There are many reasons why you might want to use a local GIT repo like it were a remote repo. I recently wanted to test a new process for using GIT pre-commit hooks using Husky and Lint-Staged for easy configuration.
The basic idea for configuring pre-commit hooks was that anytime I changed code and created a GIT commit the specified commands would run and perform certain actions, like formatting, linting, spell-checking, etc.
To be sure everything was configured and working the way I expected I wanted to create a series of “throw away” commits in a test branch that would cause the pre-commit hooks to execute. The same was true for a pre-push GIT hook that I was configuring also. I needed a place that I could push “throw away” pushes to test that everything worked.
For testing, I created a new empty GIT repository on my local machine that I would push code to just for testing. Once I was confident it would work I could then implement everything as part of the main repository, throwing away my test branches and commits. This process was a great way to understand what was happening with the tools and avoid sending a lot of useless commit messages to the main repo.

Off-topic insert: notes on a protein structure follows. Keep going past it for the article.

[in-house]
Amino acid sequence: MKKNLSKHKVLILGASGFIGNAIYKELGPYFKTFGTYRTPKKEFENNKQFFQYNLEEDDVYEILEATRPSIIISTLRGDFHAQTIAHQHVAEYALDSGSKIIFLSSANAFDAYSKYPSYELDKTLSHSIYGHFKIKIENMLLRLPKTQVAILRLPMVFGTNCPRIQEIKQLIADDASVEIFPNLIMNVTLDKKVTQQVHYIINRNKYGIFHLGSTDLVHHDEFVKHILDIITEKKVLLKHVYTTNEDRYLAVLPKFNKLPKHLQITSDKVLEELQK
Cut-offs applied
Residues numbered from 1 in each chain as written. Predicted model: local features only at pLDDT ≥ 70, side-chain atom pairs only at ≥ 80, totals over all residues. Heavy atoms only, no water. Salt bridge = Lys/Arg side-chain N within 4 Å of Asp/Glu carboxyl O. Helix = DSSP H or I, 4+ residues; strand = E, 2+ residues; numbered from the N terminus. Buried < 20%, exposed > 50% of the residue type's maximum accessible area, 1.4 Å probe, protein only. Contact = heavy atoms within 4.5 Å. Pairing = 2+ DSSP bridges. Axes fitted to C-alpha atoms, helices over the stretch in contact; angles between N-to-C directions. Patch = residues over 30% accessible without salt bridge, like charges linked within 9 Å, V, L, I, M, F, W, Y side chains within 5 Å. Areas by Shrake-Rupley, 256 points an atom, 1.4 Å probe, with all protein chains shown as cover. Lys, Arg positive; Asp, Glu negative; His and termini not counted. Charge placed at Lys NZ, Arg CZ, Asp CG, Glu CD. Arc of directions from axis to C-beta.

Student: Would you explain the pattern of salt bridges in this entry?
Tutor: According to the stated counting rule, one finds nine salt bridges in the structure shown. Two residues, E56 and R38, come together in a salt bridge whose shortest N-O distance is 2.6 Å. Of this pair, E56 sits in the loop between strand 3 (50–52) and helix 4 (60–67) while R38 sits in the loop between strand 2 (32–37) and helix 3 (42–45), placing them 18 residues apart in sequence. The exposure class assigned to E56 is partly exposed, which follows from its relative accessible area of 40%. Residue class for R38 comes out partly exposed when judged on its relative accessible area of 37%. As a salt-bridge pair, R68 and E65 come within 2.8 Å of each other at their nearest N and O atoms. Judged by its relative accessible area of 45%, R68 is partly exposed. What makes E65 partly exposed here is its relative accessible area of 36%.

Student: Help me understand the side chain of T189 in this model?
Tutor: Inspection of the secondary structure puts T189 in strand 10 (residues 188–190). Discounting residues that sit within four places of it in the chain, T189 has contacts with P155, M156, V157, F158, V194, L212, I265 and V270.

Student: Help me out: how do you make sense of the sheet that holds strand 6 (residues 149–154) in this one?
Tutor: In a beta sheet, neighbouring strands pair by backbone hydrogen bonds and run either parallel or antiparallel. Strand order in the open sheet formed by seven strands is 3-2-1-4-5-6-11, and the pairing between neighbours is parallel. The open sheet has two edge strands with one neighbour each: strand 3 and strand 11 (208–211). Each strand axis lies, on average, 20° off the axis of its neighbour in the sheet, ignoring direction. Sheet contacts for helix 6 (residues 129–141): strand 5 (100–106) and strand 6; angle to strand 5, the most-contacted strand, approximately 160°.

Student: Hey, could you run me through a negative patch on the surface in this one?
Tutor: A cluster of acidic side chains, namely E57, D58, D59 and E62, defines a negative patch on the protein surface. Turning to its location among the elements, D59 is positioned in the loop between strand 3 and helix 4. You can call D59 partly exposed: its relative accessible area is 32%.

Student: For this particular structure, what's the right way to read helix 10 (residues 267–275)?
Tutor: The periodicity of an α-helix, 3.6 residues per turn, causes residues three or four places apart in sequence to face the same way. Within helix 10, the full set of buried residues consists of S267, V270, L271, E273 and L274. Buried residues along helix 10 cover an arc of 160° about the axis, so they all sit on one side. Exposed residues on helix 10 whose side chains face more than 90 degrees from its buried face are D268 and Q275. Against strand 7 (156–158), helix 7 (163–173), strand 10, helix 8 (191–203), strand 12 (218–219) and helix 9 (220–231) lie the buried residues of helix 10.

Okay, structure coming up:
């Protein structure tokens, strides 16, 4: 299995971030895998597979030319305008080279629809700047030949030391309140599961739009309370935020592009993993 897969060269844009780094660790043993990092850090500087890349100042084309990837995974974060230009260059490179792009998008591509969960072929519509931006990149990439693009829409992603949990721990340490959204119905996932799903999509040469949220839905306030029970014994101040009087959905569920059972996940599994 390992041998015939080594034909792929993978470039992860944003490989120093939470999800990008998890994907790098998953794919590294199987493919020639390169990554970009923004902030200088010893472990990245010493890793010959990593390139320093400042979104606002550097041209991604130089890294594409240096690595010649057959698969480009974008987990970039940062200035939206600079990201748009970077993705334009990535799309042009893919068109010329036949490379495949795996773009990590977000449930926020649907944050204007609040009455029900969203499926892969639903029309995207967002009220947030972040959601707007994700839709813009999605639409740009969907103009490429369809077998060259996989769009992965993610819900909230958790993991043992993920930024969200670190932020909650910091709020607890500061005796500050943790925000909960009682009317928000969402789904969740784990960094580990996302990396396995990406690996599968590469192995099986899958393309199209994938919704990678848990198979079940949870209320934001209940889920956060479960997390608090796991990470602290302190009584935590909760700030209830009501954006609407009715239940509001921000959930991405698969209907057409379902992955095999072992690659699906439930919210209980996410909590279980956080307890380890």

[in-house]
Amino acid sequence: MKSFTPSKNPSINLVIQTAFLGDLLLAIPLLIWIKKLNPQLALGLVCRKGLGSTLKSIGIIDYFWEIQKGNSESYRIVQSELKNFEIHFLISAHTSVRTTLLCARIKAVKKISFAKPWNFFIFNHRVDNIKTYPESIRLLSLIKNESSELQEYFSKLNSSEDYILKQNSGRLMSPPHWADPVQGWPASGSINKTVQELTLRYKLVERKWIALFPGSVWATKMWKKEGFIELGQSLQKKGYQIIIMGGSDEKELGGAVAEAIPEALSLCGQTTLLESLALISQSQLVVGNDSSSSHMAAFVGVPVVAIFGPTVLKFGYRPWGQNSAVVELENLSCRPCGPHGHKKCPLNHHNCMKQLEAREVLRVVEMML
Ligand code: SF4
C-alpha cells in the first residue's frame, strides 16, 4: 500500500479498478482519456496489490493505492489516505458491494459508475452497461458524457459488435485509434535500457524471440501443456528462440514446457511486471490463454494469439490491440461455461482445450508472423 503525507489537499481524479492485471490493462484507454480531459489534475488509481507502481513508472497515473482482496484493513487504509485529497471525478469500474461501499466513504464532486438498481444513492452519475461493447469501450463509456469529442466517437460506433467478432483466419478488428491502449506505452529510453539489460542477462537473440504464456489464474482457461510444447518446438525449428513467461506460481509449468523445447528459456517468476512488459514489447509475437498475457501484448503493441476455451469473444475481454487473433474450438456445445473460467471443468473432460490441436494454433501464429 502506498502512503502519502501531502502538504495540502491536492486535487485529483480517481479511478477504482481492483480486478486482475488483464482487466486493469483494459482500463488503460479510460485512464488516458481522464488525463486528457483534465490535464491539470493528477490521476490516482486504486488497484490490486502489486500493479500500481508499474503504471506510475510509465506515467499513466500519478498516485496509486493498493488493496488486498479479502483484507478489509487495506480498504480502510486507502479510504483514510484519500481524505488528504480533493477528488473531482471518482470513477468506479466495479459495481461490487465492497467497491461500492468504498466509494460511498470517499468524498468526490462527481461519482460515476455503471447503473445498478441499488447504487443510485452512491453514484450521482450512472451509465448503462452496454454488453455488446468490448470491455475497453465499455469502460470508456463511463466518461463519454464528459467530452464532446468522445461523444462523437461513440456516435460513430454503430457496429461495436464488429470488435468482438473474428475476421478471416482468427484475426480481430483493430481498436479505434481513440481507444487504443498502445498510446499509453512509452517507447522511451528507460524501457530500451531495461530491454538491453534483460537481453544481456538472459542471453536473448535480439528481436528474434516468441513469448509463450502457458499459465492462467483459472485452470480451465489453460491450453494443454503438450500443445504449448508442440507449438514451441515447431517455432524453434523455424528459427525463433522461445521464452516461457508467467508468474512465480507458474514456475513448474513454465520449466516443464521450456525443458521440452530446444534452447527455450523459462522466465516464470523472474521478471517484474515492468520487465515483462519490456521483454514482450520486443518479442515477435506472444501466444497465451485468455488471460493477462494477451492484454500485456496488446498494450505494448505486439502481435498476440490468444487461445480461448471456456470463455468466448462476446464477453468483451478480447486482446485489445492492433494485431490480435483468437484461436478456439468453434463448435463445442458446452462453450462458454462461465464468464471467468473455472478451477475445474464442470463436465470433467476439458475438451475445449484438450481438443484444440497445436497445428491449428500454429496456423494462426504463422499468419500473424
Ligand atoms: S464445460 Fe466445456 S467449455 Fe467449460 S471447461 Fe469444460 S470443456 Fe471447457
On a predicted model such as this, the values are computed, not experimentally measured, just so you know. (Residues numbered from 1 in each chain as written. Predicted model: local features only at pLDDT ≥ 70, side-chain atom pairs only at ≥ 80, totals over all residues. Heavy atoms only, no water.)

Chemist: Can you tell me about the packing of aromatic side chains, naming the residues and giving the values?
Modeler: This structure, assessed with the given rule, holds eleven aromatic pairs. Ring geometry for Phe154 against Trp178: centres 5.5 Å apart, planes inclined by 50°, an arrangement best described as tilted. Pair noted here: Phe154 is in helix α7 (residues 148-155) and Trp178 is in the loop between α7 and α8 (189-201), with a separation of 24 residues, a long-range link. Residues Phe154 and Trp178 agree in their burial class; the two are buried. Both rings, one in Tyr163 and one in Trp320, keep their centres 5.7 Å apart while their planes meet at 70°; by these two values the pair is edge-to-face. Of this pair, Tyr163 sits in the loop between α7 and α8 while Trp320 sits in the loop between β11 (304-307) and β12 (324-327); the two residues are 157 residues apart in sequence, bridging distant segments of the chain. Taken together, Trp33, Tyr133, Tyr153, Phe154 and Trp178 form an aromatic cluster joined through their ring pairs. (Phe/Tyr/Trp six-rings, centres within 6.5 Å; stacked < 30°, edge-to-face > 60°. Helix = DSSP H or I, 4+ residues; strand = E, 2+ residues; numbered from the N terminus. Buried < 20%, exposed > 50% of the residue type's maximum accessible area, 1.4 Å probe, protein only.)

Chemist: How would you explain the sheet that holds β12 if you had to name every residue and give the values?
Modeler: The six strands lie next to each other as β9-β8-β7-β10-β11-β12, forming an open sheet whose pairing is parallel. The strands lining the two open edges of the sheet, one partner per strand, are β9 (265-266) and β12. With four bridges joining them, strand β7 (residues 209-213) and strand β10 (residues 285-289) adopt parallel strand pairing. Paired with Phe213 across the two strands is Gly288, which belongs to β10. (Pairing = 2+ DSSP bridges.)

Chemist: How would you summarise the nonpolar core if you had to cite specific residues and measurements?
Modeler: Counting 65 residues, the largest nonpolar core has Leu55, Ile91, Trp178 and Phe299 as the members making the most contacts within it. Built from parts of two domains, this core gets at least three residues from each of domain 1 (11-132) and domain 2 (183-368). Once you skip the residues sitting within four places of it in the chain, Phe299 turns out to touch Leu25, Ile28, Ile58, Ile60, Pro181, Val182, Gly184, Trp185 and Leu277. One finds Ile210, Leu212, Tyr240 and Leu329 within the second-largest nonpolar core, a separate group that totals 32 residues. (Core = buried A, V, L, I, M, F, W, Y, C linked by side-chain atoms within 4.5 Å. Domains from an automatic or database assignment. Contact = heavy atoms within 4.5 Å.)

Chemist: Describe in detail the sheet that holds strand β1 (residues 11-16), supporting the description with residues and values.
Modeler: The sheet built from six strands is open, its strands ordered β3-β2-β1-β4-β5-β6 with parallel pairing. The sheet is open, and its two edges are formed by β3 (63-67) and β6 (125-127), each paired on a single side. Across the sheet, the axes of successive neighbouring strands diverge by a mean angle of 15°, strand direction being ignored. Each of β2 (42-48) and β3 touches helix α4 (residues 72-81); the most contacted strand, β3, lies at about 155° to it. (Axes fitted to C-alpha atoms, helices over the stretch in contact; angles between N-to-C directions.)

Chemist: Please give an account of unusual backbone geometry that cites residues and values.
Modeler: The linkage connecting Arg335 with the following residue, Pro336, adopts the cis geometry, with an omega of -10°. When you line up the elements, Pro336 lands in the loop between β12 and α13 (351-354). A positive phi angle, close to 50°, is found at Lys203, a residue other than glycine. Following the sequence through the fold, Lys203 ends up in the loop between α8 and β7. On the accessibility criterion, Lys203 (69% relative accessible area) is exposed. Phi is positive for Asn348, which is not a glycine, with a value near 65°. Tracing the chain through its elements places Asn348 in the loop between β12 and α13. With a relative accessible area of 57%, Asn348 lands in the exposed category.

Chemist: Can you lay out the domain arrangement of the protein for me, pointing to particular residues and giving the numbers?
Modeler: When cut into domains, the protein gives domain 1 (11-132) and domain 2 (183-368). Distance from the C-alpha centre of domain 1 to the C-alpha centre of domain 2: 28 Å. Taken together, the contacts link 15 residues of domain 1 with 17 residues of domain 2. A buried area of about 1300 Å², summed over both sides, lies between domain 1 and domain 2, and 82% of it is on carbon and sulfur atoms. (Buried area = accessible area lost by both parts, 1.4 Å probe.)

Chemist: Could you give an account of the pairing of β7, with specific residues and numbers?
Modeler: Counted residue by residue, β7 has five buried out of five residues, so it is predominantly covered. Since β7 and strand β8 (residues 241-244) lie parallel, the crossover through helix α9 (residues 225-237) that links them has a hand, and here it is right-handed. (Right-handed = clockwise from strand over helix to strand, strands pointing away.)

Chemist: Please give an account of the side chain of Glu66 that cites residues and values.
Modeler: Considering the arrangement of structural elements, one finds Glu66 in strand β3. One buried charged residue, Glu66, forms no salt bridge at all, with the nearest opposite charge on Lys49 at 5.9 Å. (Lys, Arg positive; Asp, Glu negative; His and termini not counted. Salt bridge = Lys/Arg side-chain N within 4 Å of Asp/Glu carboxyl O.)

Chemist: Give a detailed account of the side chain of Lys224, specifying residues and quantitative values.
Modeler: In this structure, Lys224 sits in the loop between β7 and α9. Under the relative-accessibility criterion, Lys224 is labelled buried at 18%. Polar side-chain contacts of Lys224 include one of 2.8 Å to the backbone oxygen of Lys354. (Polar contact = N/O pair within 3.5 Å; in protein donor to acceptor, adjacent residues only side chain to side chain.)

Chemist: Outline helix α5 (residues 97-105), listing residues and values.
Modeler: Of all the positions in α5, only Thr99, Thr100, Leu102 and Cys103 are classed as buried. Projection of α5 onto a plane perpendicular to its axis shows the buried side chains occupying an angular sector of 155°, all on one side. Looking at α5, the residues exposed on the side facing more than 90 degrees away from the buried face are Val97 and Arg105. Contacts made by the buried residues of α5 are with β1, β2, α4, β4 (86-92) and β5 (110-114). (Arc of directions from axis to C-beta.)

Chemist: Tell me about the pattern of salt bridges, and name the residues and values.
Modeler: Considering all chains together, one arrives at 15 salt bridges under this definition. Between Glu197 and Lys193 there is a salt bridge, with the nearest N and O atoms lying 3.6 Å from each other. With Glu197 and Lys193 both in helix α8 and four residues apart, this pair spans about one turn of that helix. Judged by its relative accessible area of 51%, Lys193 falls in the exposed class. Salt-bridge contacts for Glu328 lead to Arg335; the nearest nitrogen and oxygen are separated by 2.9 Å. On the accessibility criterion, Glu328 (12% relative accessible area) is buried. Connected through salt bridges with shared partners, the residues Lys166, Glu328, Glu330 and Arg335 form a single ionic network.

To get started, create a new bare GIT repository somewhere on your local machine:
Then in your main repo, add a new “dummy” remote repository:
Now with a new “remote” repository we can push our code as if it were a remote repo hosted somewhere:
git push dummy-remote main
This technique of creating a “remote” repository on a local machine is handy for more than just testing. I have also used this technique to:
- Create a backup of code onto an external drive
- Recover from bigger GIT mishaps
- Practice other techniques like